Mercy Ships takes hospital ships to the world’s forgotten poor, bringing hope, healing and healthcare.
Mercy Ships’ volunteer crews relieve pain and suffering for thousands every year.
Here you can find out more about what we do and why we do it.
We invite you to join us on this journey either as a supporter, through donations or as a volunteer.
With more than 75% of the world’s population living within 100 miles of a port city, taking the world’s largest civilian hospital ship directly to the point of need, to people who would otherwise go without care, is a logical strategy to alleviating human suffering.
Taking a state-of-the-art, fully equipped and staffed, self-sufficient hospital into areas of extreme poverty means we can provide first class medical care in the midst of desperate conditions.
In the poorest parts of Africa, children suffer and die from treatable causes. Mercy Ships sails into these regions to provide first-rate medical care that saves lives.
Our volunteer medical teams remove tumours, give sight to the blind, correct clefts, fix fractures and more. Over 74,000 free surgeries have been performed for people in poverty since 1978.
Mercy Ships’ core values reflect a belief that every individual is made in the image of God, and worthy of a helping hand to alleviate their suffering.
In many developing countries, even basic medical care is a luxury. And in Africa, nearly 50 percent of the people have no access to a hospital or doctor.
Children, teens, adults and the elderly suffer and die every day from curable or treatable causes. A staggering 6.6 million children under the age of five died in 2012 from treatable diseases – more than 18,000 children per day. (Source: WHO).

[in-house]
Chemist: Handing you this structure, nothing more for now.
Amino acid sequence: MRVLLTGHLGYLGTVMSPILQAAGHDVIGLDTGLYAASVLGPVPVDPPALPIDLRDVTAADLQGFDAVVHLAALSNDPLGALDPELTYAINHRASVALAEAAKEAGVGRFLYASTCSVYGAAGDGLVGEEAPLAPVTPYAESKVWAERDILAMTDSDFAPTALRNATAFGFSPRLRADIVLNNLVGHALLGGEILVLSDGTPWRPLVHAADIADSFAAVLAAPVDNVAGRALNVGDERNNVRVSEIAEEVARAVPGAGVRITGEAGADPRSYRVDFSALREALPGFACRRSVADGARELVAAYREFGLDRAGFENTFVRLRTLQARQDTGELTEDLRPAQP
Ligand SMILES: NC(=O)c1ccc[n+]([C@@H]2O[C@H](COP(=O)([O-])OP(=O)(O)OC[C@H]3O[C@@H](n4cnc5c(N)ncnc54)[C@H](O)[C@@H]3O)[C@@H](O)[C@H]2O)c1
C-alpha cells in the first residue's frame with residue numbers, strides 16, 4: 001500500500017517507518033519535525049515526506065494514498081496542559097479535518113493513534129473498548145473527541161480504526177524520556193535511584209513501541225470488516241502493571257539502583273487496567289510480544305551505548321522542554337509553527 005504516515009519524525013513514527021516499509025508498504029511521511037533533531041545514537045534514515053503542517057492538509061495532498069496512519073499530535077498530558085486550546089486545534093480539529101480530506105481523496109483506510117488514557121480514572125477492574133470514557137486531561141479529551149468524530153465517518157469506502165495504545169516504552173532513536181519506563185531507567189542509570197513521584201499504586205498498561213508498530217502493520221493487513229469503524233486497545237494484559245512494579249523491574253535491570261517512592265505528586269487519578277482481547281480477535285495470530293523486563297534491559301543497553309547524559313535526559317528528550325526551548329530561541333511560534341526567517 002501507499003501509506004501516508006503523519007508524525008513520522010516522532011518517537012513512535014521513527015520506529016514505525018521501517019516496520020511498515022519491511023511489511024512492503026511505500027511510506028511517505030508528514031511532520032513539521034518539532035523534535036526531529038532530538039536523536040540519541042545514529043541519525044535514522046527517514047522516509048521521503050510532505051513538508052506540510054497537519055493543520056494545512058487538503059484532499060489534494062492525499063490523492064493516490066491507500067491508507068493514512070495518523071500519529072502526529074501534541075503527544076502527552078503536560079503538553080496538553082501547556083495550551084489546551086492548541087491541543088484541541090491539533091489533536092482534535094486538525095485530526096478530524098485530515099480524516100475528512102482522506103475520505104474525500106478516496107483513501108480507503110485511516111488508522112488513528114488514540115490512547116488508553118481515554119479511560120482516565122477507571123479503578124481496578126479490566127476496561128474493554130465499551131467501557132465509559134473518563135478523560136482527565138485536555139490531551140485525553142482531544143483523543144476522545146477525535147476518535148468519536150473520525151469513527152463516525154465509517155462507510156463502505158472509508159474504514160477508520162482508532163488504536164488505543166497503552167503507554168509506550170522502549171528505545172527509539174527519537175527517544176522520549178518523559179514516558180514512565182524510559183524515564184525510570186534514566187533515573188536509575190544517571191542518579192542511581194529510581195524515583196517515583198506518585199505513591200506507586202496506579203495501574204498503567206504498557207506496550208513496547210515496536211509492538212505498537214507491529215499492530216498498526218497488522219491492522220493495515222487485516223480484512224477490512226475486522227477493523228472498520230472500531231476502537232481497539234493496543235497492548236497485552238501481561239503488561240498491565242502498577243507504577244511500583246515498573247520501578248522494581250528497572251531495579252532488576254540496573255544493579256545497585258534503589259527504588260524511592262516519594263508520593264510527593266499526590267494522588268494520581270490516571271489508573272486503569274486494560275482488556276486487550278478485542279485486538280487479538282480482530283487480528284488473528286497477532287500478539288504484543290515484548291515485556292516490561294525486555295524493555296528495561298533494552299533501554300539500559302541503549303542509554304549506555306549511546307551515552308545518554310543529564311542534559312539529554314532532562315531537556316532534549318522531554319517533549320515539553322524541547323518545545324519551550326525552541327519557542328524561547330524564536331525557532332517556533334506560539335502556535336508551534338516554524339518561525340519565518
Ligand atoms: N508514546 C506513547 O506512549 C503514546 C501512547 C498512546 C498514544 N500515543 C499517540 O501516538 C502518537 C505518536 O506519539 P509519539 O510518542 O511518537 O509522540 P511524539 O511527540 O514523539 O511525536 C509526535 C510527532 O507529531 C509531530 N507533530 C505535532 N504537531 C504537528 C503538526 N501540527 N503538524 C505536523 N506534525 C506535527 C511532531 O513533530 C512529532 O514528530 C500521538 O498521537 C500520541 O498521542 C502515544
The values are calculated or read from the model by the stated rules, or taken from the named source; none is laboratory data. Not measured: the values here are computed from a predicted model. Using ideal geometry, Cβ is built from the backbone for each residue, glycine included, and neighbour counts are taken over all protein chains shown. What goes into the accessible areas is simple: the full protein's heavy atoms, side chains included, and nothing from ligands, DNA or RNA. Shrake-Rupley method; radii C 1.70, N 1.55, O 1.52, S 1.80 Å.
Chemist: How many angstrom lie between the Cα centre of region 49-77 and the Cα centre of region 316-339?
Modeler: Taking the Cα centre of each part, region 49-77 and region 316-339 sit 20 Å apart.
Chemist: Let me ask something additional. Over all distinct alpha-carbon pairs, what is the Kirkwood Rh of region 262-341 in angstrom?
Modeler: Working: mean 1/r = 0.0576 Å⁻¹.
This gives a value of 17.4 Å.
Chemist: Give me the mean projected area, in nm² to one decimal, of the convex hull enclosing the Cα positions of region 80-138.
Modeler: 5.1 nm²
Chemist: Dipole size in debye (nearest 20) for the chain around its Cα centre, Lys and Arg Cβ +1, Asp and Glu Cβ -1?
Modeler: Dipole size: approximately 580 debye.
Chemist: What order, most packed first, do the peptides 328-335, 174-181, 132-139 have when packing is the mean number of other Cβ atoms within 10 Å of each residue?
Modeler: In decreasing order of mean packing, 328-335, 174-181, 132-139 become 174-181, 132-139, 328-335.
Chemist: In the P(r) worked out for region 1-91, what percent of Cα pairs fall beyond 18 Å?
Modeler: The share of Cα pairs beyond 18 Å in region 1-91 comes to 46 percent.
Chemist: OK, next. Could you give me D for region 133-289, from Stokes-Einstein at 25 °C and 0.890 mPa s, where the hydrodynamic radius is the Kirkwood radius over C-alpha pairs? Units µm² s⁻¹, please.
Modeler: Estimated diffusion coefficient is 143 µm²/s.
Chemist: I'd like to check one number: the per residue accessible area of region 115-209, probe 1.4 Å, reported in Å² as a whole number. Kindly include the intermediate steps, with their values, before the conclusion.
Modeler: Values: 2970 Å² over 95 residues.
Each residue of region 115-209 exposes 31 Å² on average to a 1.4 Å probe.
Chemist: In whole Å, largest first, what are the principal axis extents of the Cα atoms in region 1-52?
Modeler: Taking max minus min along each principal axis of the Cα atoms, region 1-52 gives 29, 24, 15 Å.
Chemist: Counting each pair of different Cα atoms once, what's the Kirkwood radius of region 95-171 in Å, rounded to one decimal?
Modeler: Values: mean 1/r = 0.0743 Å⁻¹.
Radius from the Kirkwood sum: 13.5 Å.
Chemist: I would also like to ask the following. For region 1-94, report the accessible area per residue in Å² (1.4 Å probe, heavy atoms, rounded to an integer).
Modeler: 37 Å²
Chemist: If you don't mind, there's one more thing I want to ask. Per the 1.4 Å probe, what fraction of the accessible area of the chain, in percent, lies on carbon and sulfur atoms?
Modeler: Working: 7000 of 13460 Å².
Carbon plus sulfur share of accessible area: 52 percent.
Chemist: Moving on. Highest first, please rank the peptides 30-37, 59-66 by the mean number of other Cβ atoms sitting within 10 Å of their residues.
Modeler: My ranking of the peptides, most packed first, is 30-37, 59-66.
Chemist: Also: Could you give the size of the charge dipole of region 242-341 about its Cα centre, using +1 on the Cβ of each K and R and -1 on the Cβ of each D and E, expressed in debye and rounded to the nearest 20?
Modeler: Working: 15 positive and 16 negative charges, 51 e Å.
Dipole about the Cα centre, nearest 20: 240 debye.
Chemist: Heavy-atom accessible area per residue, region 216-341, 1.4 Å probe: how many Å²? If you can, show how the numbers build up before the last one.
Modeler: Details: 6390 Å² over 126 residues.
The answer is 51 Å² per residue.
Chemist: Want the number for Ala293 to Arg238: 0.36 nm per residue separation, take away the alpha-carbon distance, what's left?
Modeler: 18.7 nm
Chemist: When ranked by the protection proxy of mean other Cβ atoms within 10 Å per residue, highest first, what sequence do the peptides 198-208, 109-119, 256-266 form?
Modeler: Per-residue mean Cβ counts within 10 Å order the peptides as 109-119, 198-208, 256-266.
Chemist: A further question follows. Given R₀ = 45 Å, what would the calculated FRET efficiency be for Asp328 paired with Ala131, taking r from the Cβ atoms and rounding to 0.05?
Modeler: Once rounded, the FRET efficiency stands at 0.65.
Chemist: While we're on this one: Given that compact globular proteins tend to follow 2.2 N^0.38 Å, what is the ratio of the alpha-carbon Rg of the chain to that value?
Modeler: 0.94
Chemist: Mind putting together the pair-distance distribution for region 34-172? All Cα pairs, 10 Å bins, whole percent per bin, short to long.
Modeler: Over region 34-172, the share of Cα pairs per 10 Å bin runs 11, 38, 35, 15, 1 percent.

Many nations in Africa are ranked by the United Nations Human Development Index as the least developed nations on earth.
There are only two doctors per 10,000, New Zealand has 10 times that ratio.
On average 170 of every 1000 African children die before they are five, compared with the loss of five out of 1000 Kiwi children
A West African women has a 1/16 chance of dying during pregnancy, it’s a 1/7150 risk in New Zealand
An estimated 70% of Africans live on less than NZ$2.25 each per day to meet all their needs; food, shelter, education and more
The challenge is enormous but each day we are making a difference as we provide surgical and healthcare solutions. As we work alongside local partners, mentoring and training people in their healthcare arena is a sustainable investment into improving the healthcare systems for the future.